“I’m an idea man Chuck, I get ideas, sometimes I get so many ideas that I can’t even fight them off!” Bill, from the 1982 movie, “Night Shift.” That’s what I’m feeling.
Problem: Josh McDaniels isn’t allowed to teach his offense to his offensive players. Idea: Have McDaniels learn what the Rams did last year. If it’s true that everyone really runs basically the same plays with different names, McDaniels is smart enough to learn the West Coast offense. Then, Sam Bradford and his mates can walk in, even with two weeks to prepare, with a foundation for what the Rams are doing. And, McDaniels can slowly implement his plays and terminology, developing what head coach Steve Spagnuolo calls the “Ram offense. Isn’t it easier for one guy to learn the offense in five months, if there’s a lockout, than for 20 to learn a new one in two weeks?
Problem: The Cardinals lose Adam Wainwright for at least the 2011 season to Tommy John surgery. Idea (although not a new one): Use a platoon starting pitching system. Cardinals manager Tony La Russa has tried it before, as was described in a July 20, 1993, Seattle Times article:
“The Oakland Athletics manager last night unveiled a platoon system for his starting rotation that he and pitching coach Dave Duncan have been sitting on since they first discussed it 11 years ago while with the Chicago White Sox.
“La Russa, who has 13 pitchers on his active roster, scrapped the traditional five-man rotation for a nine-man rotation divided into three-man platoons. Todd Van Poppel, Ron Darling and Kelly Downs are in the first group; Mike Mohler, Bobby Witt and John Briscoe in the second; and Bob Welch, Shawn Hillegas and Rich Gossage in the third.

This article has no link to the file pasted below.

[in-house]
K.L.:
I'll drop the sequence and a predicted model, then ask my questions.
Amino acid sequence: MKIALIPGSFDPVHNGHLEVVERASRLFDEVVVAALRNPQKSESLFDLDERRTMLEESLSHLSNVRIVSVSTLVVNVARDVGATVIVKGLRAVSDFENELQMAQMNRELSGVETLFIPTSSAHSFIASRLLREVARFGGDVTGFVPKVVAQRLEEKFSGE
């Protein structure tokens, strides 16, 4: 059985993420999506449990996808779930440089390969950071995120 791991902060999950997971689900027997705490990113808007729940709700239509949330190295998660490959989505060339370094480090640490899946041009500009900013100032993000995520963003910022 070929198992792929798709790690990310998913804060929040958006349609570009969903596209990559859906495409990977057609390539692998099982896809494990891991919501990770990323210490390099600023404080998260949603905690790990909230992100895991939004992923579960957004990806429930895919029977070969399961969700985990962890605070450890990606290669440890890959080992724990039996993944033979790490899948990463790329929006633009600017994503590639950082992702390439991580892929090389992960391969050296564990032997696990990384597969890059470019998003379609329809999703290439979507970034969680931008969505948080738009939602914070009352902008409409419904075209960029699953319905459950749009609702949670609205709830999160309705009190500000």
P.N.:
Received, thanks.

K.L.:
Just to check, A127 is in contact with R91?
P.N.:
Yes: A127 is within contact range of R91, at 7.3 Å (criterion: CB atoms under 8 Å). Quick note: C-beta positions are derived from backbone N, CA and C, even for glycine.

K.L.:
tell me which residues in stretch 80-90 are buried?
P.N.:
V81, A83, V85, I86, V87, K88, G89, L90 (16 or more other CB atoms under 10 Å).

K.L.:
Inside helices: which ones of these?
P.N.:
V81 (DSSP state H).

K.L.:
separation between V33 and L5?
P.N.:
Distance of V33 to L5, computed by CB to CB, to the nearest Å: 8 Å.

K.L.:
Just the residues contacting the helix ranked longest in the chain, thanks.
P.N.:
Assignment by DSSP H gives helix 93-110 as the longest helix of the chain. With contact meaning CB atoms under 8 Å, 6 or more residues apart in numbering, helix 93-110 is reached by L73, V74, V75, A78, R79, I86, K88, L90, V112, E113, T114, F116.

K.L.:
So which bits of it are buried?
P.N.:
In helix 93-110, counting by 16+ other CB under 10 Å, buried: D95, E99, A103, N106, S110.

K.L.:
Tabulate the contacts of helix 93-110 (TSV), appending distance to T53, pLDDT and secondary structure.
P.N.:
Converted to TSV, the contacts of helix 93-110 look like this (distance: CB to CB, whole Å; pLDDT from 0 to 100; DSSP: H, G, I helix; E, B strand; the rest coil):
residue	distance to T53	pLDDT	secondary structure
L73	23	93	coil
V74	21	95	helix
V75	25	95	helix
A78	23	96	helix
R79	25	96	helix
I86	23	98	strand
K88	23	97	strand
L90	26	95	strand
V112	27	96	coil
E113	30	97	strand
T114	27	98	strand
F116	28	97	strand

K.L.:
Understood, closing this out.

“Dennis Eckersley remains the closer in a four-man bullpen.
“Limiting each pitcher in the platoon to between 40 and 60 pitches, the system allows La Russa to send out each group on two days rest.”
For the Cardinals, it wouldn’t be as dramatic. Use Chris Carpenter, Jake Westbrook, Jaime Garcia and Kyle Lohse as your starting four. And when a fifth starter is needed, plan on either Kyle McLellan or Brian Tallett to start, but only for 40-60 pitches. The one not starting would follow, with Fernando Salas and Raul Valdez knowing they’re going to pitch, too.
Mitchell Boggs, Jason Motte, Trever Miller and Ryan Franklin would know they’re going to be in the bullpen every day, and there’s your solution. Get the innings from multiple guys rather than one.
Problem: The Blues have had remarkably inconsistent goaltending, and are getting Jaroslav Halak back soon. Idea: When Halak is activated, auction off Ty Conklin, whose contract is up after this season, send Ben Bishop down to Peoria, and get an NHL look at Jake Allen. Allen is ninth in the AHL in goals against average at 2.28, and has a sterling .928 save percentage. He’s the only goalie in the system that’s capable of being a No. 1 in the NHL some day. I’m not saying bring him up for good. I’m saying get a look at him, and get him a taste of NHL life.
Problem: NCAA president Mark Emmert says of college players, “They are student-athletes. They are not our employees; they don’t work for us. They are our students, so we don’t pay them.”
Idea: The main focus should be that they are students, and that they aren’t allowed to work. Emmert talks about enjoying the college experience, but doesn’t that include going out on a date, or going out for some pizza once in a while? Normal students can work part-time jobs, so why not allow student athletes a stipend for playing? Time they would spend working is spent in practice or on a field or court. How about taking part of that $785 million a year you’re getting on that new basketball tournament deal, and providing the kids the networks are paying to show about $50 a week? The hypocrisy is remarkable.
Oh, yeah, one more idea I got it! Take live tuna fish, and feed ’em mayonnaise! Oh, this is great.